Learning from Imagination
The imagination is not just for dreaming up new possibilities. It is also a powerful tool for learning about the world as it is. The imagination can be used for spatial reasoning, as when I imagine packing a suitcase into the trunk of my car to decide whether it will fit; for understanding other minds, as when I imagine what things are like from my partner’s perspective in order to understand how she is feeling; for physical reasoning, as when I imagine pulling out a block from a Jenga tower in order to decide whether it will cause it to collapse; and for aesthetic reasoning, as when I imagine the flavors of two ingredients in a dish that I am cooking in order to decide whether they will go well together. Although these examples are so commonplace as to be mundane, they demonstrate something extraordinary: sometimes all you have to do to learn something new is to imagine it.
Many philosophers have seen this as puzzling, and indeed many philosophers have been skeptical that we can learn from the imagination at all. After all, I can imagine anything I would like to, from the fictional to the fantastical. How could merely imagining something give me any reason to believe that it is true?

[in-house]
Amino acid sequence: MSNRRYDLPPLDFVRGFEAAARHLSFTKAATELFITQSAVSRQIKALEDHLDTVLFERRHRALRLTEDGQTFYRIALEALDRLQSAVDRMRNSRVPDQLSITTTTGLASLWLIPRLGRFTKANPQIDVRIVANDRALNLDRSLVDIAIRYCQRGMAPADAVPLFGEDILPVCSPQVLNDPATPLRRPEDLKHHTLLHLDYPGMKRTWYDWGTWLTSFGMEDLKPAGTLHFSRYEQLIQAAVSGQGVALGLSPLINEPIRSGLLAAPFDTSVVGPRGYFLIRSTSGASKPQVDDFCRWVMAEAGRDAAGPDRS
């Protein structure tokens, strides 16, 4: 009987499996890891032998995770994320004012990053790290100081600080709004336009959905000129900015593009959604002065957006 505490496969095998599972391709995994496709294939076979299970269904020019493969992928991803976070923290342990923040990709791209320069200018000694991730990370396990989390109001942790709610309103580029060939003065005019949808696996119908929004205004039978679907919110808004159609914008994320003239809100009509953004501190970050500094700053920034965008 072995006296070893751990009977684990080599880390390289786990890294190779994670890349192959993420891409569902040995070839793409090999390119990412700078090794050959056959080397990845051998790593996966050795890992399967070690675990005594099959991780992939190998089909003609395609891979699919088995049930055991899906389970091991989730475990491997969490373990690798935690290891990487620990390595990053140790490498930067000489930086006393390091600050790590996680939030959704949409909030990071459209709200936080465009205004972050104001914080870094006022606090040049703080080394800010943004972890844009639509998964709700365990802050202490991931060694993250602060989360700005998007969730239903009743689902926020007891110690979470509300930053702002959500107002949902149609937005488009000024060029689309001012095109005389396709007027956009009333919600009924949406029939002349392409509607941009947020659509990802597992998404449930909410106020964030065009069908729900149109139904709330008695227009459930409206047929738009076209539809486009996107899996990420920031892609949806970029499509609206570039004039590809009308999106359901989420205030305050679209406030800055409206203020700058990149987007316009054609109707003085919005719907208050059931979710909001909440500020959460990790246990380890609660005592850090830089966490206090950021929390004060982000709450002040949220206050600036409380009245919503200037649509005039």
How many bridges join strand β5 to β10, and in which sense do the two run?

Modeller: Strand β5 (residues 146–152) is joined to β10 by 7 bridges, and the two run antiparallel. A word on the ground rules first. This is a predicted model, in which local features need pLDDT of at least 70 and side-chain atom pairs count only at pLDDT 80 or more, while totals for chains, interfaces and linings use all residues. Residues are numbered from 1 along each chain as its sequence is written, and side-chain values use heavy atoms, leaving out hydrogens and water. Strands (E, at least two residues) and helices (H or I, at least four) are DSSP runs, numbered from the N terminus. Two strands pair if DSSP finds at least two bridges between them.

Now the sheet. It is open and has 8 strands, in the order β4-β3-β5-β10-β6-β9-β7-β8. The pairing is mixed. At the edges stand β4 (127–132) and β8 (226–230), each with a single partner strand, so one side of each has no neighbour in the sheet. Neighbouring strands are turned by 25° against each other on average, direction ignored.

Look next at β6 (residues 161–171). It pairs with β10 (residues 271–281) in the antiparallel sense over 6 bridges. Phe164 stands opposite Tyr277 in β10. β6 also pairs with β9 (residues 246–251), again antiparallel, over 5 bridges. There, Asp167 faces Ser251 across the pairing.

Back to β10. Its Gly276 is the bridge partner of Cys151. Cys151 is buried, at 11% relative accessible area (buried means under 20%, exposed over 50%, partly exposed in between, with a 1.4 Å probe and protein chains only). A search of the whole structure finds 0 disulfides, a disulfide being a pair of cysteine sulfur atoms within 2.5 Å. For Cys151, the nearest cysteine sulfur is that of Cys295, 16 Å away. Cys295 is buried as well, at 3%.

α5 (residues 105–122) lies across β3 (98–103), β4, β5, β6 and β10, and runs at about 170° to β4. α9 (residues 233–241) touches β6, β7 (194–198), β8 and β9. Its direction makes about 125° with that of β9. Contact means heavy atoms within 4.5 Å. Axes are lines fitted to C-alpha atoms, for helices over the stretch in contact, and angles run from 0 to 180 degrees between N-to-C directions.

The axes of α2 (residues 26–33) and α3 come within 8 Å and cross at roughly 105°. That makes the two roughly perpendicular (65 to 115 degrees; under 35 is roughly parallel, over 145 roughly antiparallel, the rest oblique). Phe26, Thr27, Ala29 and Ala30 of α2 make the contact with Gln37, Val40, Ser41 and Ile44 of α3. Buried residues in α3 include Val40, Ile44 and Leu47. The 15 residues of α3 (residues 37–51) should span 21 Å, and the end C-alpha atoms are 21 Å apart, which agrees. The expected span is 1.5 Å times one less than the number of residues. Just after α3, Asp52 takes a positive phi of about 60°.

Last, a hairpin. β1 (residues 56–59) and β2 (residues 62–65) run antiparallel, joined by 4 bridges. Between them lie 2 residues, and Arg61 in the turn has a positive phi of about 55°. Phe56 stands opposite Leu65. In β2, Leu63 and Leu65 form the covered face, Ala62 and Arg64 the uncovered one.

The answer lies in the way that the imagination can be informed by one’s evidence. Only when we rein in the unlimited potential of the imagination and instead constrain it with our evidence about what the world is like can we use it to learn new things. Although I can imagine my suitcase as any size or shape that I would like, only when I constrain my imagining with my prior knowledge about the size and shape of my suitcase will it be able to teach me about whether it will fit in my trunk. If my imagining is instead informed by wishful thinking and irrational optimism, then it may inspire confidence, but it will not yield knowledge.
The potential of the imagination to ground new knowledge gives us all the more reason to hone our imaginative skills—not only to transcend our reality, but to better understand it.
Joshua Myers is a PhD Candidate in philosophy at New York University doing research in philosophy of mind, epistemology, and cognitive science with an emphasis on the imagination and imagistic representation. He is writing his dissertation on the nature and epistemology of the imagination.